I keep both in Tunes and compare and contrast
I prefer wet but not wet wet or wet wet wet.
Please don't blackball me for this heinous admission..
I'm about to try my hand at Gerry Muligan Quartet with Chet Baker
Those dry Radio Recorder studios or the Forum theatre need a tiny slap of delay and a tickle of small room verb.
I'm a deviant...
But you should hear some jazz masterings for total excess
Were they all on heroin????
The Victor studio kept the church pipe organ (and further adapted it)... hence all those great reverberant pipe organ jazz sessions by Thomas "Fats" Waller: the solos (1926-29), Waller with Thomas Morris and His Hot Babies (1927), and the Louisiana Sugar Babes (1928), some of my all-time favorite records.
Fats returned for his last sides at the church studio pipe organ on January 5, 1935: "Night Wind" and "I Believe In Miracles" by Fats Waller and His Rhythm.
I can't really add anything to this thread, but I would like to say that I'm really enjoying reading this thread. I'd like to see more threads like it.
Fill in the blank:
"________ history in recorded music."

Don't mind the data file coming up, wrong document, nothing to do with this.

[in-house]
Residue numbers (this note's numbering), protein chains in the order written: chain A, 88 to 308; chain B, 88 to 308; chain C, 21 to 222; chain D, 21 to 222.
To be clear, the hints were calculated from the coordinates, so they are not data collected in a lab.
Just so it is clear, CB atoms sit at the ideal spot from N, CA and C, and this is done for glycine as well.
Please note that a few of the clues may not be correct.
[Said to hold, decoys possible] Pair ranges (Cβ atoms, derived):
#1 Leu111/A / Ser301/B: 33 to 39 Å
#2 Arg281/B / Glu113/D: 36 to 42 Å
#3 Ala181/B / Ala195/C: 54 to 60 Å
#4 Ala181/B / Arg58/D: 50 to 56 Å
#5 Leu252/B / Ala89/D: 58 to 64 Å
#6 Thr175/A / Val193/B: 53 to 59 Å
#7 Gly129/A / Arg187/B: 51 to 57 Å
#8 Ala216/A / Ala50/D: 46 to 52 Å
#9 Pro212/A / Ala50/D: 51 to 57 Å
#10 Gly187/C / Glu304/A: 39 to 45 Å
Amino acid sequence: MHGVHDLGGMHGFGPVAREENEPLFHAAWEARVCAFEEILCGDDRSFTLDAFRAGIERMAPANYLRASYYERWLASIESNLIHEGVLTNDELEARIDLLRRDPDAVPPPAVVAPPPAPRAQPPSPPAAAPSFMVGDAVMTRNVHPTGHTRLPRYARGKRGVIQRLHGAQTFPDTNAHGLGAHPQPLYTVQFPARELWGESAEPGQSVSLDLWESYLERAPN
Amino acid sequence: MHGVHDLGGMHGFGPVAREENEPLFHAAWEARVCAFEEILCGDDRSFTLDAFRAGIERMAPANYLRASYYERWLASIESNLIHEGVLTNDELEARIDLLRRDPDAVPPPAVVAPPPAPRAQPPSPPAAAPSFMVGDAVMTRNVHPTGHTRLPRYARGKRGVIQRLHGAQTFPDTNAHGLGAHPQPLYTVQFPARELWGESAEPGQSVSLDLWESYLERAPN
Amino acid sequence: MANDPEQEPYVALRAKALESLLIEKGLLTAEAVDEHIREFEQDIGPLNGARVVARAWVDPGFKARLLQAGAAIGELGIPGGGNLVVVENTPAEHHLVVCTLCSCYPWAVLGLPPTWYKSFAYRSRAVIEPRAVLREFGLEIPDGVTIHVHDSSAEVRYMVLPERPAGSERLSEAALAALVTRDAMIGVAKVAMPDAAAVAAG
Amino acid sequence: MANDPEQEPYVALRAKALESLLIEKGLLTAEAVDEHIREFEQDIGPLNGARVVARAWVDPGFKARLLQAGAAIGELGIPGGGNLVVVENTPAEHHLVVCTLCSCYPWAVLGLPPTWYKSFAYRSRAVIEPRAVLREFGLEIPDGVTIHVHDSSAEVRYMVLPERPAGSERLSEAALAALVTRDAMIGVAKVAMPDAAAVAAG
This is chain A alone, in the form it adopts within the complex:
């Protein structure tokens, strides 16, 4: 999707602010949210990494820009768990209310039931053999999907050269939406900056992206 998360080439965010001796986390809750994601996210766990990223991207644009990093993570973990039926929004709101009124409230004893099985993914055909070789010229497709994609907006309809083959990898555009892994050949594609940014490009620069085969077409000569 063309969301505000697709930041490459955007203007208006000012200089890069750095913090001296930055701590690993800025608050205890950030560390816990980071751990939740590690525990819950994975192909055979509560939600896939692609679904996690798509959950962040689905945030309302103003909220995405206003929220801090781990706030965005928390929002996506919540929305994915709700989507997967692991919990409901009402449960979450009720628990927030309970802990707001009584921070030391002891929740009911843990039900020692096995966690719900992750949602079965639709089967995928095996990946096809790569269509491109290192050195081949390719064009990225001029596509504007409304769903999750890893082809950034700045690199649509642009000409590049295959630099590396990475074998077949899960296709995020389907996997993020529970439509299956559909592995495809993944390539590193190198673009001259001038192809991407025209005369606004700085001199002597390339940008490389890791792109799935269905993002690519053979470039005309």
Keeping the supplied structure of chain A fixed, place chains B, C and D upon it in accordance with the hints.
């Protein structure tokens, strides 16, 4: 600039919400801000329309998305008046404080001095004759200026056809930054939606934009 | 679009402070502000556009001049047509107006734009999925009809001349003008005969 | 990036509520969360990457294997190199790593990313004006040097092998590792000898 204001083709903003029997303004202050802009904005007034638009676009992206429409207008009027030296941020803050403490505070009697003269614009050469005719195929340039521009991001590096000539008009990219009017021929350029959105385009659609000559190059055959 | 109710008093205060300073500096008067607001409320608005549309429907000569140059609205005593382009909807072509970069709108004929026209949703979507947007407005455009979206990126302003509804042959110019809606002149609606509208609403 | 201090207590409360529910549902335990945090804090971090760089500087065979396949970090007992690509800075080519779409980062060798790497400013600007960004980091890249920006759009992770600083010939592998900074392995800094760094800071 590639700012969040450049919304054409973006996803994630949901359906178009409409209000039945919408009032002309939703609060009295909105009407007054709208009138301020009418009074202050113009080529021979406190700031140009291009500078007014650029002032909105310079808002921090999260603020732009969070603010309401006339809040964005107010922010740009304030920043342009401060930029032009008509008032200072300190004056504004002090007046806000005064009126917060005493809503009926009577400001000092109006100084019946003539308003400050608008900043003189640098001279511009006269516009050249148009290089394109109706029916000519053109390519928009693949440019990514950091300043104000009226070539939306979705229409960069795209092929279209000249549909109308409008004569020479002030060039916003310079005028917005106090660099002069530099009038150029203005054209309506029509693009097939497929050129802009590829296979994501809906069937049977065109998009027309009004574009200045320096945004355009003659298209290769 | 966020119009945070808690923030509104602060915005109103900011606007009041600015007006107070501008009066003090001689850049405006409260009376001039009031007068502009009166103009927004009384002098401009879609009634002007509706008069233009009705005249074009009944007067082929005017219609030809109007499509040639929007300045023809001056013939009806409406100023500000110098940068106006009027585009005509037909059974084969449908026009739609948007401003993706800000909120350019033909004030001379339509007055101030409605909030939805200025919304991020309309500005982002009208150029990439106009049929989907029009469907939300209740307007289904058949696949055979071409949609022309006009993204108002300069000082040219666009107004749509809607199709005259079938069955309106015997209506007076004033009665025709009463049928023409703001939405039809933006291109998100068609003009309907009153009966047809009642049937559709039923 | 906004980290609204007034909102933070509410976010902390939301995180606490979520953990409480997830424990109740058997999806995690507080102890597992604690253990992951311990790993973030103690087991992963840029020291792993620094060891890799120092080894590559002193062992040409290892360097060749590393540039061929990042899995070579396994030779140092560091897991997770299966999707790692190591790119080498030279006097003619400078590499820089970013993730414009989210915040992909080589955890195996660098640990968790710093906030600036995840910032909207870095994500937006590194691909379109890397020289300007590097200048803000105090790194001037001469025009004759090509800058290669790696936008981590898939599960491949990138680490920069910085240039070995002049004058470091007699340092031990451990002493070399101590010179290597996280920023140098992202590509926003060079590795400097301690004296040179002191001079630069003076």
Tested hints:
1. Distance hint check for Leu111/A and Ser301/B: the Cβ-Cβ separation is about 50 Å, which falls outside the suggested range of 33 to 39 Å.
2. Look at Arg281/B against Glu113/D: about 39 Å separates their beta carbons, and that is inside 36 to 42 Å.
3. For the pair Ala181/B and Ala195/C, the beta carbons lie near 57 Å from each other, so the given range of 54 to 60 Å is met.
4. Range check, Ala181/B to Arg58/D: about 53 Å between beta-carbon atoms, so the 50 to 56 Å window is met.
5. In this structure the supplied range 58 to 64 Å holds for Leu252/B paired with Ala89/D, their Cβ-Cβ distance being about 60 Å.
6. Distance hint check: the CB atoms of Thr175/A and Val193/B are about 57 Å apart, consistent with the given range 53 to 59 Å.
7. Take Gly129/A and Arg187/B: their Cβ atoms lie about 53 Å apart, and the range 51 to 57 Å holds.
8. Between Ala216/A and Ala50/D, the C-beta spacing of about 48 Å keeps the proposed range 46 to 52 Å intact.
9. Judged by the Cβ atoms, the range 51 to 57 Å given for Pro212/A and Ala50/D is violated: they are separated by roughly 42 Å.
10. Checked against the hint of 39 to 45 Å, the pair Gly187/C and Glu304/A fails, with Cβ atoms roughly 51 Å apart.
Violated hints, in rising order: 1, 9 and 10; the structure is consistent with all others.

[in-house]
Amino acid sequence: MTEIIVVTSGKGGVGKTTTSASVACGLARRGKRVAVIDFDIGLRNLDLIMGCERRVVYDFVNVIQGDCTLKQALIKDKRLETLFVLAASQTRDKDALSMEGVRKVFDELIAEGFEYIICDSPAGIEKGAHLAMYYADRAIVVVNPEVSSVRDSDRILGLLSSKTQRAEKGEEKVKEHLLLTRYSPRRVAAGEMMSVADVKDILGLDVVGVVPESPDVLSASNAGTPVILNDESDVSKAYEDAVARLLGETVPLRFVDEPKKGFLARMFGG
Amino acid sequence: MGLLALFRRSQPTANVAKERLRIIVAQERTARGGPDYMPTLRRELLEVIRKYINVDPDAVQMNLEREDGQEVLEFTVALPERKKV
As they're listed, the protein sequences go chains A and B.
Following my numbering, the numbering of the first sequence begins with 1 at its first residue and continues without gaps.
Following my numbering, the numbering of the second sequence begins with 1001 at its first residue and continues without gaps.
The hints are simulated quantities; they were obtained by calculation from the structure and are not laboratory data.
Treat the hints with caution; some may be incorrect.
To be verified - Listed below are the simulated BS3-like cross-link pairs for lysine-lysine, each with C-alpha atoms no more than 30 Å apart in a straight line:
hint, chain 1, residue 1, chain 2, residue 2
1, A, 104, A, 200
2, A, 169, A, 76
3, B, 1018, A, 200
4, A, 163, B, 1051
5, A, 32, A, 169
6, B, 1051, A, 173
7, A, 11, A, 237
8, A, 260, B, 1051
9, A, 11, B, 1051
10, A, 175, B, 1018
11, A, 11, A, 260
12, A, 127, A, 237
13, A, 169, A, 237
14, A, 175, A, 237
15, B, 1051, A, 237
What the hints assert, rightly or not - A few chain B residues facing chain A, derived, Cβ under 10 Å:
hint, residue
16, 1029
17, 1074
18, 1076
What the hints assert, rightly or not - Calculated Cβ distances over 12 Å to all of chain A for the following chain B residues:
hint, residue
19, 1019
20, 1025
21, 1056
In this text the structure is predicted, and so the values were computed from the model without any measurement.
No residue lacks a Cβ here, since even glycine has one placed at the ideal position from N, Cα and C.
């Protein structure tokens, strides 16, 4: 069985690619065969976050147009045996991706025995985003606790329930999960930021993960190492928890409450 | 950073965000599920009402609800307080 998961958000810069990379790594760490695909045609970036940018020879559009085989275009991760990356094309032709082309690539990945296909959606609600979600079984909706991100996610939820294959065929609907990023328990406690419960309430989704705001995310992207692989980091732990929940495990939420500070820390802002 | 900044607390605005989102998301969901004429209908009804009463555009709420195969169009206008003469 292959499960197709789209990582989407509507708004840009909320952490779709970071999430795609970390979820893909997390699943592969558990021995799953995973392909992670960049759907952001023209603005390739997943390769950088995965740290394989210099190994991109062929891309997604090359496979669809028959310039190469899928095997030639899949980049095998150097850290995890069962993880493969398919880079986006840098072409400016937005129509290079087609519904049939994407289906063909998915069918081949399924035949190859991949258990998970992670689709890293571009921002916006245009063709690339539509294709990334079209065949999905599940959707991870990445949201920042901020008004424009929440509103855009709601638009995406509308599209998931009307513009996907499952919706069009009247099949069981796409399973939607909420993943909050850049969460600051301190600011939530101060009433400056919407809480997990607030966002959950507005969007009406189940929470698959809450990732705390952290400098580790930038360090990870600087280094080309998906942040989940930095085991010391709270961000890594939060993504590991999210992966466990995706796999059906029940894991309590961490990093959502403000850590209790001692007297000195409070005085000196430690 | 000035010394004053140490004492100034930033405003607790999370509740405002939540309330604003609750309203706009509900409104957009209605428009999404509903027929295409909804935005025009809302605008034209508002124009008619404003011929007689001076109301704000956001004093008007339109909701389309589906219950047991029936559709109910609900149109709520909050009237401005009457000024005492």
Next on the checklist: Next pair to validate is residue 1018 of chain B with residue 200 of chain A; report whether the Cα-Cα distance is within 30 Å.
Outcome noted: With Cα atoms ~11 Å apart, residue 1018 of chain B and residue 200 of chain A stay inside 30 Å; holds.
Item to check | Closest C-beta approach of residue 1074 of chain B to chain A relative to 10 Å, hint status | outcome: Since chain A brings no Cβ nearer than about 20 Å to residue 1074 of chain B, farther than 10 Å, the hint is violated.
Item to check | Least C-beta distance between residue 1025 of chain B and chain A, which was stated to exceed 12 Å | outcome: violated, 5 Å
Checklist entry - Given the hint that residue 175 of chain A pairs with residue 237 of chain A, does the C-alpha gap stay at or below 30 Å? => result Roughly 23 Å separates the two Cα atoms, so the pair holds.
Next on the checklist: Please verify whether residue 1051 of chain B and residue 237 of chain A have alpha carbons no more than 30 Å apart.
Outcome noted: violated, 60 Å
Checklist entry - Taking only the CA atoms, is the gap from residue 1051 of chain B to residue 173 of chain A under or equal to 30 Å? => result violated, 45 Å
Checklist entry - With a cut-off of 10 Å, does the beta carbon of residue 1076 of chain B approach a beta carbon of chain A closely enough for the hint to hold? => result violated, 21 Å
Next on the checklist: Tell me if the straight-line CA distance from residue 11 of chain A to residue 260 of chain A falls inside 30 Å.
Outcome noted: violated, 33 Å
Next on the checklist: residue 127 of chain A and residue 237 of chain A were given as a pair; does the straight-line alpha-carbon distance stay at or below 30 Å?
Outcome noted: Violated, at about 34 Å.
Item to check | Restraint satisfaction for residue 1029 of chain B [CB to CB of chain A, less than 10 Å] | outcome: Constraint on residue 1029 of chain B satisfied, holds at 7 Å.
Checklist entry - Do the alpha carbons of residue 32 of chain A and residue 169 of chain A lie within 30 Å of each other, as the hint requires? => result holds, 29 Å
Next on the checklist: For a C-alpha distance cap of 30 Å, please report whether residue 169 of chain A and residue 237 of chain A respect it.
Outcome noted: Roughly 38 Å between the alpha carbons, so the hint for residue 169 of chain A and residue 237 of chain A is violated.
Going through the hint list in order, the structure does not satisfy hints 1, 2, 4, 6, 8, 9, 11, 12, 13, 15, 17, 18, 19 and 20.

Of course there were other brands of amps that did have built in reverb, like Fender.
At that time in the UK verb was not fashionable
delay (echo) was.
Lots of boxes (Binson,Watkins,Vox,Selmer) provided good delay.
The basis of RnR and pyschedelic recording.
Yes, indeed. My Victor of "SUGAR" goes down to like 20 cycles. It's years ahead of other recordings.. Amazing for 1929.
Wow! Great thread...I have a ton of jazz and pre-jazz CDs sourced from 78s as well as LP reissues of this material from the 60s and 70s and even early 80s...How do I know which ones have added echo/reverb? I mean, I know what it is, but is it that easy to tell if it's been added? Are there specific reissue series on LP/CD that are known to have added echo/reverb, or is it basically a hit or miss proposition to identify the culprits?
Frank Laico,Columbia recordist (Round Midnight,Miles Davis etc) had used an echo chamber at Columbia's Studio C from 1949 ( a U47 and a speaker in a 12x15 concrete storage space)